The Best Time and Place to Plant Lily Bulbs
Is spring or fall planting better for abundant lilies? Discover the pros and cons of planting lily bulbs in spring vs. fall and the best way to care for them.
Most gardeners are aware that bulbs like tulips and daffodils should be planted in fall, but lily bulbs are a special case. You can find lily bulbs sold in both fall and spring. So which planting season is better, and how should you grow them?
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When to Plant Lily Bulbs
According to horticulturist Vanessa Elms, owner of Old House Gardens, either fall or spring is fine. But fall is a little more forgiving if you can’t plant the bulbs right away.
“Lilies purchased in springtime have been stored all winter in a temperature-controlled setting and are very eager to get growing,” she says. “Fall planted bulbs are more dormant and are best planted ASAP but we have had good success planting them later in November (we are in zone 6a).”
From Elm’s observation after planting the same variety both seasons, spring planting gives you a stronger start and faster blooms.
“For the fall-planted bulbs, we see a modest display of flowers the next year and the height of the plant will not be the standard height of that variety,” she says. “For the spring planted bulbs, we see more successful first-year flowering in the summer-blooming lilies.”
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Where to Plant Lily Bulbs
Lilies prefer a sunny but not overly hot location, so if planting in the South look for a spot with afternoon shade. Give them some space from their neighbors for air circulation—approximately 9 to 18 inches apart depending on the lily’s ultimate size.
Their ideal soil is well-drained, fertile, and humusy, Elms says, so if you have clay soil, amend or plant in raised beds. The drainage is probably the key factor, she says. Overly wet soil risks rotting the bulbs before you can enjoy them. While adaptable, most prefer their soil slightly acidic. Tiger lilies (Lilium lancifolium or Lilium tigrinum) and Henry’s lily (Lilium henryi) thrive in neutral to alkaline soil.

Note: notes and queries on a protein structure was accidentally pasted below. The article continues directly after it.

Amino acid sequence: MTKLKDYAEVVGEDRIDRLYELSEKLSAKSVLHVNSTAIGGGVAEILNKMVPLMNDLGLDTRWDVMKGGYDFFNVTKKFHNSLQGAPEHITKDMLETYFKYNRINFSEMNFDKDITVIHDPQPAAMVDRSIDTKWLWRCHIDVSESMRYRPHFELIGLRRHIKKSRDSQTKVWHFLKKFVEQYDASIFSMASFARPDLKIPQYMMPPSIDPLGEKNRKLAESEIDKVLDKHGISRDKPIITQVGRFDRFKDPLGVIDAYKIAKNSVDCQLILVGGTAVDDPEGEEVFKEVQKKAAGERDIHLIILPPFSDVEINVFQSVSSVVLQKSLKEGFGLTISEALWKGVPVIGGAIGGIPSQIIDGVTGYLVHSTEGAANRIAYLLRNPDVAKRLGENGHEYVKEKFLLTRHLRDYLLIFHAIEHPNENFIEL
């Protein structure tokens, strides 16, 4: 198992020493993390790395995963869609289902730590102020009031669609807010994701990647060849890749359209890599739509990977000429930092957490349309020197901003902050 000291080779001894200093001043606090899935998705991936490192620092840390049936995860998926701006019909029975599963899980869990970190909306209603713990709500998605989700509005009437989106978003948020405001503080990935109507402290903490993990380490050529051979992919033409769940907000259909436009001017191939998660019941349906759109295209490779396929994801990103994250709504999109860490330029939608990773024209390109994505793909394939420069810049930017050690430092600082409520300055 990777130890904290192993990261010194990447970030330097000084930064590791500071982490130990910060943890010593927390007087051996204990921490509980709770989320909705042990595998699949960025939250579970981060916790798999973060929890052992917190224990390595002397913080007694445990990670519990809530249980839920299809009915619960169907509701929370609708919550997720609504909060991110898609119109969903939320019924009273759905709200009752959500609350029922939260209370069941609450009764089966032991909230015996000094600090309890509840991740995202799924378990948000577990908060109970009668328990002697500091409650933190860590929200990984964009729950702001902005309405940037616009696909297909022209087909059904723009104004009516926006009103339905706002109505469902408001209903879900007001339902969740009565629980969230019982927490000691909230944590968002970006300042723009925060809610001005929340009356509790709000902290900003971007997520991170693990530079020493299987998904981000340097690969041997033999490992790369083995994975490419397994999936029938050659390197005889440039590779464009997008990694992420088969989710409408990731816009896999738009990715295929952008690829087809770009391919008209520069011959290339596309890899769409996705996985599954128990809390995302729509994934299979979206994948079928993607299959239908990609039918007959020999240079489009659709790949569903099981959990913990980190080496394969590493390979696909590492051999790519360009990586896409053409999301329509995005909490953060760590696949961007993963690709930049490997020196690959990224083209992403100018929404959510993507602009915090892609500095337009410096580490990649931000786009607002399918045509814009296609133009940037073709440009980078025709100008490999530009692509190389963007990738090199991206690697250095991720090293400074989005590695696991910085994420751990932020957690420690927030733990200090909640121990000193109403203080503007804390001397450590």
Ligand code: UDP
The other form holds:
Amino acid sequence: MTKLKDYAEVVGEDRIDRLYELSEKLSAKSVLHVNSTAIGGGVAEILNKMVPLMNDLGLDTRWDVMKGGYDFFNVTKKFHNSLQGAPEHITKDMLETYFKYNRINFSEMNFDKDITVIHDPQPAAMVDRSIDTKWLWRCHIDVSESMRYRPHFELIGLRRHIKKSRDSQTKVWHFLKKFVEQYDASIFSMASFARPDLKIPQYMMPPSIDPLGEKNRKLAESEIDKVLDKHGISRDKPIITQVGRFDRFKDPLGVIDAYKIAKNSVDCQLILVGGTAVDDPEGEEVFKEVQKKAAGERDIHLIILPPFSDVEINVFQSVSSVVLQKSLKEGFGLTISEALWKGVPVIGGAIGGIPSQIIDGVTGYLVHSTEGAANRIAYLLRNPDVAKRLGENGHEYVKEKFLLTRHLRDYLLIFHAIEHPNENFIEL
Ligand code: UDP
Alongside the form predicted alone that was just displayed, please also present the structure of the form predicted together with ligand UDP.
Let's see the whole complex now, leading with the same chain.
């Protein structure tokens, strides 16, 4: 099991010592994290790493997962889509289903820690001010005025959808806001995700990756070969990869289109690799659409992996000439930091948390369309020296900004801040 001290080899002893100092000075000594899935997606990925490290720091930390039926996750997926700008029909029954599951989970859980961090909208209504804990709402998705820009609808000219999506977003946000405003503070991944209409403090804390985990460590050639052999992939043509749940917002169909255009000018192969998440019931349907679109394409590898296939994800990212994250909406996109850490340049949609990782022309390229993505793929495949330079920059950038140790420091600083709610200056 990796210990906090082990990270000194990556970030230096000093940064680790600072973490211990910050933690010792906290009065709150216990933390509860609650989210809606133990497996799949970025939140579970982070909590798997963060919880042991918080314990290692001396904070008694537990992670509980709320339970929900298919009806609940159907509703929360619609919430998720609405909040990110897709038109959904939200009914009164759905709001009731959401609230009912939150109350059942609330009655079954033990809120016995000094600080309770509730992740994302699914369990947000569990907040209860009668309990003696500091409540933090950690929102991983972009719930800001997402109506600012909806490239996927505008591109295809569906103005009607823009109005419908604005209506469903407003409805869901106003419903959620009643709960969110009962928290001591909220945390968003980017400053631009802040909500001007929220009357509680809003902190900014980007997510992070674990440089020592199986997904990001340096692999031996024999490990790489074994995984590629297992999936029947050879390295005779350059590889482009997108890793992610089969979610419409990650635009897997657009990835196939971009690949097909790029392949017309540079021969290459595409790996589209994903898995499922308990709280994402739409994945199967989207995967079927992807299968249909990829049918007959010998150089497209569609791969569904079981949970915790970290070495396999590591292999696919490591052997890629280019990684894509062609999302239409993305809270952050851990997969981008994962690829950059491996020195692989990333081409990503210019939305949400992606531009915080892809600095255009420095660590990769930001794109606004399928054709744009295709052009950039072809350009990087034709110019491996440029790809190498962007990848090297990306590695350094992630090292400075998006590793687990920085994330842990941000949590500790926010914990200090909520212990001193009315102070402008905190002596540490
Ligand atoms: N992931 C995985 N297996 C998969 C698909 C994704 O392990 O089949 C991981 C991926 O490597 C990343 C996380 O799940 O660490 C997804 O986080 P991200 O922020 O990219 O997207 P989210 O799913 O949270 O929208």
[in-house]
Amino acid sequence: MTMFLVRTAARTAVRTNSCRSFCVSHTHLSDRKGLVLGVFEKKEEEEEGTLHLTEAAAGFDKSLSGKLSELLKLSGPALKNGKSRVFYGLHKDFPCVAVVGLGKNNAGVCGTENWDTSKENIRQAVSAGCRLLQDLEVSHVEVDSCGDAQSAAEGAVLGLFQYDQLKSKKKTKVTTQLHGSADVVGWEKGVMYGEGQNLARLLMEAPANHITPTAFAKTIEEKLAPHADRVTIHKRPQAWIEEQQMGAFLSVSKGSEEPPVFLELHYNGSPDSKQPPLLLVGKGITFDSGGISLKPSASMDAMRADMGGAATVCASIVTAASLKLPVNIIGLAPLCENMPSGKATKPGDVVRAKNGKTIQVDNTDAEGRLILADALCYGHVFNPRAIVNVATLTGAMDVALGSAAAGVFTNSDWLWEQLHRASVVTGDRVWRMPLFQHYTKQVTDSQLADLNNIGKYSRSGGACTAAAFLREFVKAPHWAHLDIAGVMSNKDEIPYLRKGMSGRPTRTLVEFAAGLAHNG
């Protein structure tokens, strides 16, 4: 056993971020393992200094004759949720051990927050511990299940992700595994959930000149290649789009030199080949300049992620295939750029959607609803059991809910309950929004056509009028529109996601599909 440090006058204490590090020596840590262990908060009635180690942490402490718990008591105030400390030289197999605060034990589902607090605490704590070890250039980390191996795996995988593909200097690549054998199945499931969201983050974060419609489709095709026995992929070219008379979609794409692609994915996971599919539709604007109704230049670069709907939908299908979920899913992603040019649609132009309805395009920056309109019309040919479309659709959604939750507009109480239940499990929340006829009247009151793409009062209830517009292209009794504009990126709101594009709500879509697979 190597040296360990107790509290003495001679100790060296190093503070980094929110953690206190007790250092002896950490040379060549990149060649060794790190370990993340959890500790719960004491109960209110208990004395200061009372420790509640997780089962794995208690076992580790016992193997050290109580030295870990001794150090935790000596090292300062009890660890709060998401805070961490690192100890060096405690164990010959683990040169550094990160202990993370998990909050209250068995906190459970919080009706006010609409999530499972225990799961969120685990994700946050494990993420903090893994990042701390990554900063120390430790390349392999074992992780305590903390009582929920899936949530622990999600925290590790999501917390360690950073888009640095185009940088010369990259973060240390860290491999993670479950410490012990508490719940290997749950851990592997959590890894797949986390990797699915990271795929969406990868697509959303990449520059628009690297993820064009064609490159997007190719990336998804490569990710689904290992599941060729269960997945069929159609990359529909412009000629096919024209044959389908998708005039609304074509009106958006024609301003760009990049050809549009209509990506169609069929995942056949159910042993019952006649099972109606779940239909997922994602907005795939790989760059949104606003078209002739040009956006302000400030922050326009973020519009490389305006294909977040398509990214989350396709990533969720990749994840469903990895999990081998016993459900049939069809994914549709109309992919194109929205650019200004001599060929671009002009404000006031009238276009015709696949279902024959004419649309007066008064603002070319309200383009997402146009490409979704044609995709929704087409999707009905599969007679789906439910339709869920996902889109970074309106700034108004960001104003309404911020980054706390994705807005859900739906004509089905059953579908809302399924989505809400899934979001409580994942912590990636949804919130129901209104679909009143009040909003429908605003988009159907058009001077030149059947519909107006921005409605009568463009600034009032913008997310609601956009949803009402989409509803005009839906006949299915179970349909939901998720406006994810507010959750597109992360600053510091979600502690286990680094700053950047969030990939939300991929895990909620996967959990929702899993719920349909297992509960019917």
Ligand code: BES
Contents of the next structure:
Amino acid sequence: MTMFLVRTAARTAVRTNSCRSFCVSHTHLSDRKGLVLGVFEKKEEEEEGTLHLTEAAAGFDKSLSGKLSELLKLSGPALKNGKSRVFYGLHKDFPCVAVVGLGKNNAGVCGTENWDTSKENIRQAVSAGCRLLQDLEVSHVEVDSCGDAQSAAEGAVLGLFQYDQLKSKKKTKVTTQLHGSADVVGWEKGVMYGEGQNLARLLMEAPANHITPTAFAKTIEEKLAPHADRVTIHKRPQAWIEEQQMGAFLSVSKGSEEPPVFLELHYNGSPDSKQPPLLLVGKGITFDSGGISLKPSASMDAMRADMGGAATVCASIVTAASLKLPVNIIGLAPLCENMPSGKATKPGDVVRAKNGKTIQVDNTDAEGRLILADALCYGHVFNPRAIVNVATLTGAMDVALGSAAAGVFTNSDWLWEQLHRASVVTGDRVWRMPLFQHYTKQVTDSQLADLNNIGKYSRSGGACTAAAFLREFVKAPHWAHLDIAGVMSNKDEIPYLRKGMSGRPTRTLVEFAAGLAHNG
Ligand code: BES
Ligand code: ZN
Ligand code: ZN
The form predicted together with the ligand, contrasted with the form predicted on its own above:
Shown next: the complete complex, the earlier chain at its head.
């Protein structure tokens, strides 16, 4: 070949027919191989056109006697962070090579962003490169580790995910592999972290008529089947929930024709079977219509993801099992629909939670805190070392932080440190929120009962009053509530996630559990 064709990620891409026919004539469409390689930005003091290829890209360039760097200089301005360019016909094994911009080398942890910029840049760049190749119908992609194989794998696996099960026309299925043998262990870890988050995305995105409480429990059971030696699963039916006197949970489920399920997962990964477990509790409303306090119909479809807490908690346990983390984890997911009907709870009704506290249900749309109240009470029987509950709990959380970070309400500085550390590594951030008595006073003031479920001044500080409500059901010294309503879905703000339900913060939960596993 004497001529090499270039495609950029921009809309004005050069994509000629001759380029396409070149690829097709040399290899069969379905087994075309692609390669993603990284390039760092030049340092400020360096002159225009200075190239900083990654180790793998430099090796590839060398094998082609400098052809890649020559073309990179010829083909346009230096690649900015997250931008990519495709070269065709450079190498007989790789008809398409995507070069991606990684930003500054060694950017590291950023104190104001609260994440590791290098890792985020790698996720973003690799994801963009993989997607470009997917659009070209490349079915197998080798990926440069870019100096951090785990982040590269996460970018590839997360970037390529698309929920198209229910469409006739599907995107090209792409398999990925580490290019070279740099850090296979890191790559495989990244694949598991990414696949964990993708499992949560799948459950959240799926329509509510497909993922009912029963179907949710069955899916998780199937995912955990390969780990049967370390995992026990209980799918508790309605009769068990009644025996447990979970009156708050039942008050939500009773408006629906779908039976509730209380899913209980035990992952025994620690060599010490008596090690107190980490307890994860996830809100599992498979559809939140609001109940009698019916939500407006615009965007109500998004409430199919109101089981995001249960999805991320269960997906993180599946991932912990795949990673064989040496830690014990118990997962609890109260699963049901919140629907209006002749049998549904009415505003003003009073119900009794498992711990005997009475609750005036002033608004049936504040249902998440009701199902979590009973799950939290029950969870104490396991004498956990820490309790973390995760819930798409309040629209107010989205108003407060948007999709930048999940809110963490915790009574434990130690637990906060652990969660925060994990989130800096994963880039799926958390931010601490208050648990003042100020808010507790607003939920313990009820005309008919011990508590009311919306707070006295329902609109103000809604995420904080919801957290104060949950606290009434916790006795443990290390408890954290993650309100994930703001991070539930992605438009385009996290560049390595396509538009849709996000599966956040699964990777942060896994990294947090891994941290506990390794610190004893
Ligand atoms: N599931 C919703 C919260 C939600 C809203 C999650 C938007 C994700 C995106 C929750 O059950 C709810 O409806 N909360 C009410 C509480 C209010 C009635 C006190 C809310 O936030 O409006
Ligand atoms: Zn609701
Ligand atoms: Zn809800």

Be generous while digging your hole for each lily. Plant them deep—three or four times the height of the bulb in soil. That deep planting helps keep the bulbs from drying out. Topping with mulch during spring and summer helps shade the lily bulbs’ roots. In cold climates, a winter mulch is helpful to prevent frost damage after waking up too early.
Special note: While Elms says in her experience, pets aren’t attracted to eating lilies, all parts of the plant contain compounds toxic to cats. She recommends if your pet samples your foliage regularly, to site them out of reach, including if you bring them inside to adorn your table.
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Lily Bulb Care Tips
Because lilies dislike being wet for very long, make sure not to love them too much when it comes to watering. In most cases, consistent rainfall should suffice to nourish your lily bulbs, but if the weather is excessively dry, take some time to water.
When lilies are happy, they naturalize, making smaller bulbs on the side of the original “mother bulb”. The original bulb eventually declines in strength as the new ones grow. You’ll see it put out smaller flowers over the years. Dividing every two or three years not only expands your lily patch but invigorates your bulbs.
If you want to relocate or divide your lily bulbs to a new spot in the garden, it’s best to wait until after the blooming season. “Ideally, after Labor Day is best for splitting and dividing your established plants,” Elm says.
Then, you simply dig up your lily bulbs, pull apart the side bulblets and discard the remnants of the oldest bulb. Replant three to four times as deep just as you did originally. You’ll be awash in blooms in no time!
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